Writer: Kim Kisner

A New Workforce That is Designing Communities Based on the Influences of Spaces

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Published On April 23, 2024

For nearly sixty years, the University of Detroit Mercy School of Architecture and Community Development has been educating designers and planners.

The school is committed to preparing students to address urban revitalization, environmental justice, and sustainability, and through its design studios, Master of Community Development, Detroit Collaborative Design Center, and international studies program, offers real-world experience.

Dean Dan Pitera talked to SBN Detroit about the school’s approach to preparing students for the practical applications of sustainable design.

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Q: What can you tell us about the community development aspect of the school?

A: If we take a child who is enrolled in a poorly designed and unmaintained school and then put that same child with the same faculty in the same neighborhood in a well-designed school, the child will be nurtured and developed differently.

The space around a child – a person – is important. The spaces we are in influence how we are as people just like nutrition influences health and wellbeing. So why aren’t our communities designed differently? And from a school perspective – how do we teach that? We ingrain community development through the lens of social justice throughout our curriculum, and we start on day one of the program.

For example, within a Structures course we embed these concepts, so students begin to see that whether they are designing a museum or affordable housing, all designs should be looked at through this lens.

Q: The school is internationally recognized for its environmental justice-driven and student-centered approach. Talk about this approach and how it’s different.

A: We help students understand that climate change and climate justice are linked.

We sit in the Great Lakes region with Michigan at the center. Our buildings and our communities must be prepared and designed for climate migration, so our students must obtain hands-on experience.

Q: You led the Detroit Collaborative Design Center for years. Is this center unique when it comes to design schools?

A: Only a handful of architecture schools have something like this. I modeled it after the medical field, where teaching hospitals align with and collaborate with medical schools.

The DCDC is a true architecture office within the school of architecture. It works exclusively with nonprofit organizations and government agencies. There, students get paid to work, and they work with professional architects, urban designers, and landscape architects.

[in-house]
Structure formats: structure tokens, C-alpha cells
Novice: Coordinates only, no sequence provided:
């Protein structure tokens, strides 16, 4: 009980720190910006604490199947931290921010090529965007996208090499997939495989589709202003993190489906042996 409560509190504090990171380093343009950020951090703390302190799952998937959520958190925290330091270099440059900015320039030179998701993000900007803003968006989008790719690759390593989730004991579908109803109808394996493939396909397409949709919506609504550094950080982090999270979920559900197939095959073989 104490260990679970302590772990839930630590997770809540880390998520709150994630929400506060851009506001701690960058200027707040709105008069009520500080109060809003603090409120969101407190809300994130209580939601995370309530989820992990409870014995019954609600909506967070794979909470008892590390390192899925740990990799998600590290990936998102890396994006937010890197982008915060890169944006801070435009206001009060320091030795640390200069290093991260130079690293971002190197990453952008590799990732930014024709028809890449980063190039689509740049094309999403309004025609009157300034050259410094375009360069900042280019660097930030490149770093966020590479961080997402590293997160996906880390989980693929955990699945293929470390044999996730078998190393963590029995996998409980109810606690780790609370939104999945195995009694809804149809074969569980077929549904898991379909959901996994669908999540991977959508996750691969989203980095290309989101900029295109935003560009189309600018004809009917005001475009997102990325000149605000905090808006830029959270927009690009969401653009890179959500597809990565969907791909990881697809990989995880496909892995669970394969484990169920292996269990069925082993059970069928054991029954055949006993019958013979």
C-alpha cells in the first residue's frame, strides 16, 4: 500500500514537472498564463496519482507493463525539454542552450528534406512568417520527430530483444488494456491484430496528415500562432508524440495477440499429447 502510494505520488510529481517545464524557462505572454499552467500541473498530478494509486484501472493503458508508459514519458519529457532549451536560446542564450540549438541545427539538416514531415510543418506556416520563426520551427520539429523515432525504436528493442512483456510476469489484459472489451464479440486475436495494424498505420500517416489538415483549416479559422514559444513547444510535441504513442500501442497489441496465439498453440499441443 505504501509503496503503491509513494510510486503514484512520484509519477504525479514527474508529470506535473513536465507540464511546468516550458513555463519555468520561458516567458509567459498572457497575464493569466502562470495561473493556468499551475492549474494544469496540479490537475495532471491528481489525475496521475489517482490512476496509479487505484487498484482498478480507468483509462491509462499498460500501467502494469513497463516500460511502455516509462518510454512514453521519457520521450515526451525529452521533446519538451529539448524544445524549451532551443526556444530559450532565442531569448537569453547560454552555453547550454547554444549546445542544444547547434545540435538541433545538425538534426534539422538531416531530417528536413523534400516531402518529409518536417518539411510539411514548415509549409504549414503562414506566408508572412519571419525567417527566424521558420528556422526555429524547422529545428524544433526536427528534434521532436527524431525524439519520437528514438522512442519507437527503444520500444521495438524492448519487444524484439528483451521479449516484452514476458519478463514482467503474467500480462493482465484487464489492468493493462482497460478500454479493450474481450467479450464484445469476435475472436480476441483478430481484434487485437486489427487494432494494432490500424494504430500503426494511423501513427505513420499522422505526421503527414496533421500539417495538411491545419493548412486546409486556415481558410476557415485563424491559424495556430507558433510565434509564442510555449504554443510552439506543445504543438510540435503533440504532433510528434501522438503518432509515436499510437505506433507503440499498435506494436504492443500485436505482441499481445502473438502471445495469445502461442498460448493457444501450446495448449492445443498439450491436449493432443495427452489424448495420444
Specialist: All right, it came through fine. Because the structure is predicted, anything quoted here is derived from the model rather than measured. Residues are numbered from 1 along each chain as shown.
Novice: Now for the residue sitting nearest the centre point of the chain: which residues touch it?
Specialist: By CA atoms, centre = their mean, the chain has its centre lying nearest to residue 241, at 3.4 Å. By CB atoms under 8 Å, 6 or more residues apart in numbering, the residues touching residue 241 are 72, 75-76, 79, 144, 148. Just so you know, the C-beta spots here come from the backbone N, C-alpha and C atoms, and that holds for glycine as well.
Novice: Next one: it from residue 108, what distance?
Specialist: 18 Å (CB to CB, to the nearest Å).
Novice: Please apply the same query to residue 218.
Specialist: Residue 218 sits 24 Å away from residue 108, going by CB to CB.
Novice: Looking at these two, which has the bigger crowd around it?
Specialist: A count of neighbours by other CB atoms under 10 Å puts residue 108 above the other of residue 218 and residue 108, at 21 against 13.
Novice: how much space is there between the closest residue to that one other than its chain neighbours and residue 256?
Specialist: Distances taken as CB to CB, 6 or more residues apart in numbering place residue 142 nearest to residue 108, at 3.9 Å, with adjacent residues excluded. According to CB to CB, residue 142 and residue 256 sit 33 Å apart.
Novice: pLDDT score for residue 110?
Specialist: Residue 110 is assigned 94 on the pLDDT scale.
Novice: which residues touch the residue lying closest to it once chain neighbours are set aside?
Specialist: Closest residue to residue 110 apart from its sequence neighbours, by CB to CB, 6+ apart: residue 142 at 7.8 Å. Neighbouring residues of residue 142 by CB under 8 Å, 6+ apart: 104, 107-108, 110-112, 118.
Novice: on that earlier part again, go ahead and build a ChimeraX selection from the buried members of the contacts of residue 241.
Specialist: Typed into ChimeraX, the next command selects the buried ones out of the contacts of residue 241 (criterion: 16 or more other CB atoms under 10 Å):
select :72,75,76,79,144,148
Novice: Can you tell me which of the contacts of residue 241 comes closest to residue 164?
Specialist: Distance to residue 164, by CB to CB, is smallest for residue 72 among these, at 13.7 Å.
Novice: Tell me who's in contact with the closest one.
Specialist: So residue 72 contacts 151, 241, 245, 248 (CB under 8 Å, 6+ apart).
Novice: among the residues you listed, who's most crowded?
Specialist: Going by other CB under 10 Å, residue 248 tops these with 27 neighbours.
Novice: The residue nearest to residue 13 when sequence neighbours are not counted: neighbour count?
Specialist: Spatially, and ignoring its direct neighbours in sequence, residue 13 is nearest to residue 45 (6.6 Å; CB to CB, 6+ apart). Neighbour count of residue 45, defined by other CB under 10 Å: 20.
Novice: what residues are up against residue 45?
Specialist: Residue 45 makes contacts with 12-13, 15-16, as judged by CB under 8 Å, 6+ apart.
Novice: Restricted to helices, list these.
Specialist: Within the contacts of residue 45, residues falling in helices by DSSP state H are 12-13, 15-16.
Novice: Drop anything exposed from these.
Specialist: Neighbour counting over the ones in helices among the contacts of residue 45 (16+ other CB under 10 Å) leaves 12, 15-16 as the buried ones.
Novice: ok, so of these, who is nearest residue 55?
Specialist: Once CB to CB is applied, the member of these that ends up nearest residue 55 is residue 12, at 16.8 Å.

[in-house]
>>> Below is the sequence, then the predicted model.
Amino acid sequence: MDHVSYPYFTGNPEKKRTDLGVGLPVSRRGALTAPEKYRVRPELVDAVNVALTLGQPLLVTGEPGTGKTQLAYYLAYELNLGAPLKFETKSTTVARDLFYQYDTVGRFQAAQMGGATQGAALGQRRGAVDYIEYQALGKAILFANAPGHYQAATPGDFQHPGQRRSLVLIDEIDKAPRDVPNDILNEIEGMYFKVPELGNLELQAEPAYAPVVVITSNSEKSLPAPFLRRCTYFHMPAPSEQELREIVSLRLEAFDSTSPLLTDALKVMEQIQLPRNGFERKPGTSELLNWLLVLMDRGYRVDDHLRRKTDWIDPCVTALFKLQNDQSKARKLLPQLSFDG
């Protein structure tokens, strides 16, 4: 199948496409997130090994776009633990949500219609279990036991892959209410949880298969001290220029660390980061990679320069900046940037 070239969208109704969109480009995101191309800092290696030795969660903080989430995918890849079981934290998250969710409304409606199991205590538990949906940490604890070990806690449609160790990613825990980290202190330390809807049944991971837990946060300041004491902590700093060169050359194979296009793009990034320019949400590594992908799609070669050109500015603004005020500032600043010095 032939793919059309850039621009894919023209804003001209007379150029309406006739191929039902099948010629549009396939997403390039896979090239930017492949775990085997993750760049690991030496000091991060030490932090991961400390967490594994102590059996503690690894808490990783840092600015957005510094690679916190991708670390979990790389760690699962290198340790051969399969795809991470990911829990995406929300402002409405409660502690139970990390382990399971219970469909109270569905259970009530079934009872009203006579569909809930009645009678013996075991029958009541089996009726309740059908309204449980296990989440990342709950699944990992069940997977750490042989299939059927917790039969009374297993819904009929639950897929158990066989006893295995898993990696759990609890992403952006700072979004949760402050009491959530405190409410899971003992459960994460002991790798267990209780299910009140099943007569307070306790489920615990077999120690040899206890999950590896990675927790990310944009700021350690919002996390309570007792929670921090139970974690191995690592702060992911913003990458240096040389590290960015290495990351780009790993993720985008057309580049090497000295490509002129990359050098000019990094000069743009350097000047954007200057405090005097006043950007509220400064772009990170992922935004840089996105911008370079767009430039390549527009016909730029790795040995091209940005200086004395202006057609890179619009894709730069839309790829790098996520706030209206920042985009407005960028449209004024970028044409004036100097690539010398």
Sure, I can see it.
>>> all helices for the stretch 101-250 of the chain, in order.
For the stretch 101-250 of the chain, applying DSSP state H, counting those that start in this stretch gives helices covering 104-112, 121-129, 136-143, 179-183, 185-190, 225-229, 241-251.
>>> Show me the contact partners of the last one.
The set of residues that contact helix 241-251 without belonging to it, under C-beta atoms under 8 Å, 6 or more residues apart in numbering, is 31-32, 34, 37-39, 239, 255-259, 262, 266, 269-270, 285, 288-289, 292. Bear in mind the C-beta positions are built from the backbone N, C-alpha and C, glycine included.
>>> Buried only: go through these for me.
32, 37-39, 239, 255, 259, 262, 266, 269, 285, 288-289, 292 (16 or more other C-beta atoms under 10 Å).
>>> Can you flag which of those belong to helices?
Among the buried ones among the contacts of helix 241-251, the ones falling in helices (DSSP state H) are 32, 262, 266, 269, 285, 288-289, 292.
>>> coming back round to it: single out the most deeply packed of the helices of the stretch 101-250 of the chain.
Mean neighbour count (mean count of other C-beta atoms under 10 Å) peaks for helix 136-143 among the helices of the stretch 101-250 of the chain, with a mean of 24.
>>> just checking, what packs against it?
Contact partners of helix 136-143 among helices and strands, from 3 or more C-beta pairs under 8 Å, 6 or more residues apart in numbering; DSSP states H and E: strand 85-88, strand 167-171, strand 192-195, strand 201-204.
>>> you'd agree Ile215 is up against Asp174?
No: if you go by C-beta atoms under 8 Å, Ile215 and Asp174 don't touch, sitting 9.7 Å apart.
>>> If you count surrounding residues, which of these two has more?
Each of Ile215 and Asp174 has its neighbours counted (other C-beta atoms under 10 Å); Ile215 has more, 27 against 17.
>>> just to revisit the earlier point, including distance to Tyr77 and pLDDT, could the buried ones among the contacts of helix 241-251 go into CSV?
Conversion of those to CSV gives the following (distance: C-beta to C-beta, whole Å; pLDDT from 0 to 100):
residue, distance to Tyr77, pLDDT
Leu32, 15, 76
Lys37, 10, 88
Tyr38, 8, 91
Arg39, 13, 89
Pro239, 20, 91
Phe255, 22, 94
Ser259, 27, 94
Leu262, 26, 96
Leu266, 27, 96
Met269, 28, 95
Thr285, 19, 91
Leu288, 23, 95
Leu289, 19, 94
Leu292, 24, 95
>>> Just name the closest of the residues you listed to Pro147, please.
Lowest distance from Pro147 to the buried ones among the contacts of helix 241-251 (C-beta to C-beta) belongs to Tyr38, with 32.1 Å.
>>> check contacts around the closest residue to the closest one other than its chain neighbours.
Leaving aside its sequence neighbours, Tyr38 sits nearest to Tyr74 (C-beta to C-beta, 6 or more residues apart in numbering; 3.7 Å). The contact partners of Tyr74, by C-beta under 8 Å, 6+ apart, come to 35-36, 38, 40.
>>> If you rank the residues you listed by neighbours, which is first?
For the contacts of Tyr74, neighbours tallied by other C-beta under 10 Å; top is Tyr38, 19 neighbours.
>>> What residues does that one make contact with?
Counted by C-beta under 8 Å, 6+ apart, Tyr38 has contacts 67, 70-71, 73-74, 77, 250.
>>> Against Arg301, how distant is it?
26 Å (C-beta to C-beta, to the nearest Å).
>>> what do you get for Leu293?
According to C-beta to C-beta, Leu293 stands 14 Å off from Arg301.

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Q: How do you prepare future generations of architects and planners to think sustainably throughout their careers?

A: We’ve been teaching this way for a long time. Now, the students coming in want education around sustainability and that’s exciting for us.

I think the most effective way to teach is not class by class, but through concepts that are continually woven throughout the curriculum.

The concepts of social justice, climate change, and building sustainable communities are woven throughout every class and we start on day one, as I mentioned previously.

I teach Introduction to Architecture to first-year students, and I introduce the United Nations development goals. I teach that architects essentially create 40% of greenhouse gases produced annually. The emissions come not just from the buildings themselves, but the materials used to build, and the processes taken to create these materials.

Students come in thinking in terms of brick-and-mortar buildings, and we teach them immediately about the impacts on the environment and the communities around the buildings.

We have a Zoning and Codes class in which students learn about redlining, deed restrictions, and blockbusting. Most professors at other schools are not teaching this.

So, the students are learning and digesting these things constantly throughout their five years.

Q: What do you think your graduates take out into the workforce that’s different?

A: The ability to adapt to change.

The program they are working with now to design lighting or a certain type of heat will likely not be the same program in four years. Things change fast.

I asked my students in the fall of 2022 if they thought we’d be using AI going forward. They laughed. At the start of 2023, I asked them what tools we as architects would be using, and they all said AI. So, we work with the tools we have today but also train the students to be flexible and adaptable. They will need these skills to design and also to sustain their careers and lives.


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